Submitter and Co-author information

Jennifer TebbensFollow

Standing

Graduate (Masters)

Type of Proposal

Oral Research Presentation

Challenges Theme

Building Viable, Healthy and Safe Communities

Faculty

Faculty of Nursing

Faculty Sponsor

Dr. Kathy Edmunds

Abstract/Description of Original Work

Survivor Guilt Related to Organ Transplant Recipients: A Concept Analysis

A concept analysis of survivor guilt (SG) related to organ transplant recipients was conducted to provide a clear description of this distressing phenomenon. Whether transplant recipients receive a cadaveric or living organ donation, there is inherent harm to the donor whereby the recipient may feel emotional anguish. Despite the hope of a second chance at life, SG can cause mental and/or physical symptoms such as depression, chronic anxiety, and insomnia. SG can lead to negative coping behaviours such as non-adherence to the post transplant regimen, avoidance behaviours or even self-harm, which may result in allograft rejection.

Walker & Avant’s eight-step concept analysis method was used to clarify the meaning of SG in relation to organ transplant recipients. The data sources for the electronic literature search included CINAHL, PubMed, and PsycINFO. Dictionary definitions, Google Scholar and related reference lists were also utilized. Four determining attributes of SG are: being saved from harm, the presence of loss or harm for someone else, self-perceived responsibility for the loss or harm, and emotional anguish. Advancing knowledge about the conceptual definition of SG related to transplant recipients empowers nurses, patients, and caregivers to assess and identify SG: the first steps toward better care. By exploring and understanding SG, we can help organ recipients and their families survive SG, thus contributing toward building healthy and safe communities for all.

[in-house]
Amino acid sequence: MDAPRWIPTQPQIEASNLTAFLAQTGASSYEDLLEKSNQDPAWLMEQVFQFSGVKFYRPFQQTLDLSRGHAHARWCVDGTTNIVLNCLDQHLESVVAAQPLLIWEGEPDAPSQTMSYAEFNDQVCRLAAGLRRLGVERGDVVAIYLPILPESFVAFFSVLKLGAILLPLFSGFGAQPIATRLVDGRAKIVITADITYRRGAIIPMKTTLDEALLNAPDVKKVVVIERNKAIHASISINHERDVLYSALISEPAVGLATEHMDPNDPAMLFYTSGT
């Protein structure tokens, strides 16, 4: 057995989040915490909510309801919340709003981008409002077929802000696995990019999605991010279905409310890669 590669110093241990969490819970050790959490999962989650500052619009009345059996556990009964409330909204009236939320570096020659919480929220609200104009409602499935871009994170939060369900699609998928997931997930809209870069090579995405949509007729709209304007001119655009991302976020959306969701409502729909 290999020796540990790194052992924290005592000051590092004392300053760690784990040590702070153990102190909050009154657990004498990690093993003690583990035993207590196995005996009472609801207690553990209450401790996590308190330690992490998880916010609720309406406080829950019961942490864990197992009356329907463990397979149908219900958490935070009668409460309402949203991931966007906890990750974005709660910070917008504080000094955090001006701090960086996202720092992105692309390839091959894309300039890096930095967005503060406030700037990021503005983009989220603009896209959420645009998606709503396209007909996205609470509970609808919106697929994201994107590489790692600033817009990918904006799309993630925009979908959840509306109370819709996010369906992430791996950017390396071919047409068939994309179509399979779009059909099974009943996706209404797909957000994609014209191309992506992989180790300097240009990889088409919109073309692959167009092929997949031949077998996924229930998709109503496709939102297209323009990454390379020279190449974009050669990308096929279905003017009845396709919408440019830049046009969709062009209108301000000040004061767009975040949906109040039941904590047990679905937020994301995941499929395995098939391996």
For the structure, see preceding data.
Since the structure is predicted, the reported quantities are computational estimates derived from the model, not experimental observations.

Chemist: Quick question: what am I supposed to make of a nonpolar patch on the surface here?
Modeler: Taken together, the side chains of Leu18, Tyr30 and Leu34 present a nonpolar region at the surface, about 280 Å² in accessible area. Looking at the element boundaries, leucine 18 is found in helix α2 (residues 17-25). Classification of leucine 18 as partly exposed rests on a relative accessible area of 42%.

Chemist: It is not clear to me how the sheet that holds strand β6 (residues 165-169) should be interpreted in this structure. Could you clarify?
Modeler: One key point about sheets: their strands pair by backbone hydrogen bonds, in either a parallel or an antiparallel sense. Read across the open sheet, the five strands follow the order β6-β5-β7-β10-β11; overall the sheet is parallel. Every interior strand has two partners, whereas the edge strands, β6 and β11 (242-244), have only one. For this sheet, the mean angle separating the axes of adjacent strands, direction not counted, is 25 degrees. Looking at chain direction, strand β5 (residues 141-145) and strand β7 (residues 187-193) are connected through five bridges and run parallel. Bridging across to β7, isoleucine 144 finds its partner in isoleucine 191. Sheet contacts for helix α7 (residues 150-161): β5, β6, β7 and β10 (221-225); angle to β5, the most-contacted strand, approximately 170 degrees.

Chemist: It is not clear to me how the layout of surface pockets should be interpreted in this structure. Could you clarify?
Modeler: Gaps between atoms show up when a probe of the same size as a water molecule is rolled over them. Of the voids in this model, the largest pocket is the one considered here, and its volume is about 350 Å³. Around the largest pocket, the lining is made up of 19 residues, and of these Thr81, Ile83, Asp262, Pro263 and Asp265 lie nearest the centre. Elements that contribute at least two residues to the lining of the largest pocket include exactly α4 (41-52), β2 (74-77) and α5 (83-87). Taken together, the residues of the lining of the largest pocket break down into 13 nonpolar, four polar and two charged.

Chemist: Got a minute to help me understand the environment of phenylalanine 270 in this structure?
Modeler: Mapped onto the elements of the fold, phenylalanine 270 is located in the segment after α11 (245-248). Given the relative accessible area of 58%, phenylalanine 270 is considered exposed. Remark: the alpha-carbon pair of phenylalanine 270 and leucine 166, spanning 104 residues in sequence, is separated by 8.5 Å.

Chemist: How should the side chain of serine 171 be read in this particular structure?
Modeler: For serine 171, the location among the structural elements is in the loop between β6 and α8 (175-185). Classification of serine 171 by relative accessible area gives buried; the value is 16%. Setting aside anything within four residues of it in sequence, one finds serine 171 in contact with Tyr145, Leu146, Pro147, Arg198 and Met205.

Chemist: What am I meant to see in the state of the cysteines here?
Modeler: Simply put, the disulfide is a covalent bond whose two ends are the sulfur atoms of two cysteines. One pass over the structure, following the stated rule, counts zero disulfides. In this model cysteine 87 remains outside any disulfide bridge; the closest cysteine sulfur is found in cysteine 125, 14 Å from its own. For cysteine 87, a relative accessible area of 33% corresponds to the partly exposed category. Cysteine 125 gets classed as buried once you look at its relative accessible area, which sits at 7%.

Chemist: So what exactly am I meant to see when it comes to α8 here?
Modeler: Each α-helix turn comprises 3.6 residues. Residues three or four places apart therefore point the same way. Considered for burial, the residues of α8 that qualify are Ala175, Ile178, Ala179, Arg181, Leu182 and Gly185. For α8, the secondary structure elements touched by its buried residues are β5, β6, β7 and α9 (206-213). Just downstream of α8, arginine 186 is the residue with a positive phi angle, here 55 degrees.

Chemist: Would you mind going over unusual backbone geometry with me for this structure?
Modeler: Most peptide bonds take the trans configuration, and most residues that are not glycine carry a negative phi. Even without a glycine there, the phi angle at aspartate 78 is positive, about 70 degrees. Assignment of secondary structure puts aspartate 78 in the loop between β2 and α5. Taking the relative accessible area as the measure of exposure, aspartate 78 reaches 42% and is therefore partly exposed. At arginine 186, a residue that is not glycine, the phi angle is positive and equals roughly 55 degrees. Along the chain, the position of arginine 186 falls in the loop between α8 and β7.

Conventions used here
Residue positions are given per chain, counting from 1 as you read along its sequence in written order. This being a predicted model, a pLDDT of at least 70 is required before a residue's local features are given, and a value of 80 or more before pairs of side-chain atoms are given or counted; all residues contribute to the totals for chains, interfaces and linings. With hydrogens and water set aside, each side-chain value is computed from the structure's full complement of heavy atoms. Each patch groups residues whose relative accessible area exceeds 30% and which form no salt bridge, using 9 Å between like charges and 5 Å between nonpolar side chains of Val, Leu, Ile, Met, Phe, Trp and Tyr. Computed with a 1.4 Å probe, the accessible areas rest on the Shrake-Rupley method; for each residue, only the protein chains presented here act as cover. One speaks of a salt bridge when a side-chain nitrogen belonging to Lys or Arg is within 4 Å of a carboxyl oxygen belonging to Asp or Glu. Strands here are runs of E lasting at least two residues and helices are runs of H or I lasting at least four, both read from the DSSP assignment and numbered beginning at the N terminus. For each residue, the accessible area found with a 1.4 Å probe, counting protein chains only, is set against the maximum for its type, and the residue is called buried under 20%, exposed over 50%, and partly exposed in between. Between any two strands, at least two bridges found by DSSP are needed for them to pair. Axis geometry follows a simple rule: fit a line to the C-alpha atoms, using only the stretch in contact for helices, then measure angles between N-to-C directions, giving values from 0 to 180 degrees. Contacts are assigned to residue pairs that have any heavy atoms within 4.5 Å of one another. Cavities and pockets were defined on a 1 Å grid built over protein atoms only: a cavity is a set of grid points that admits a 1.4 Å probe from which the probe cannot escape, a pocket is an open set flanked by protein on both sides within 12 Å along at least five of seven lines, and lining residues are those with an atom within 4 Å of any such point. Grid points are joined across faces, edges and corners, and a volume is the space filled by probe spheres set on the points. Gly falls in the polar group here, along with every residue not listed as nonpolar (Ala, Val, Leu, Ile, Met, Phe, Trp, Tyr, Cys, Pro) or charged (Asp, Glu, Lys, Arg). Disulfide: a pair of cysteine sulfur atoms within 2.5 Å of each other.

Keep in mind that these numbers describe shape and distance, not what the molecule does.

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Survivor Guilt Related to Transplant Recipients: A Concept Analysis

Survivor Guilt Related to Organ Transplant Recipients: A Concept Analysis

A concept analysis of survivor guilt (SG) related to organ transplant recipients was conducted to provide a clear description of this distressing phenomenon. Whether transplant recipients receive a cadaveric or living organ donation, there is inherent harm to the donor whereby the recipient may feel emotional anguish. Despite the hope of a second chance at life, SG can cause mental and/or physical symptoms such as depression, chronic anxiety, and insomnia. SG can lead to negative coping behaviours such as non-adherence to the post transplant regimen, avoidance behaviours or even self-harm, which may result in allograft rejection.

Walker & Avant’s eight-step concept analysis method was used to clarify the meaning of SG in relation to organ transplant recipients. The data sources for the electronic literature search included CINAHL, PubMed, and PsycINFO. Dictionary definitions, Google Scholar and related reference lists were also utilized. Four determining attributes of SG are: being saved from harm, the presence of loss or harm for someone else, self-perceived responsibility for the loss or harm, and emotional anguish. Advancing knowledge about the conceptual definition of SG related to transplant recipients empowers nurses, patients, and caregivers to assess and identify SG: the first steps toward better care. By exploring and understanding SG, we can help organ recipients and their families survive SG, thus contributing toward building healthy and safe communities for all.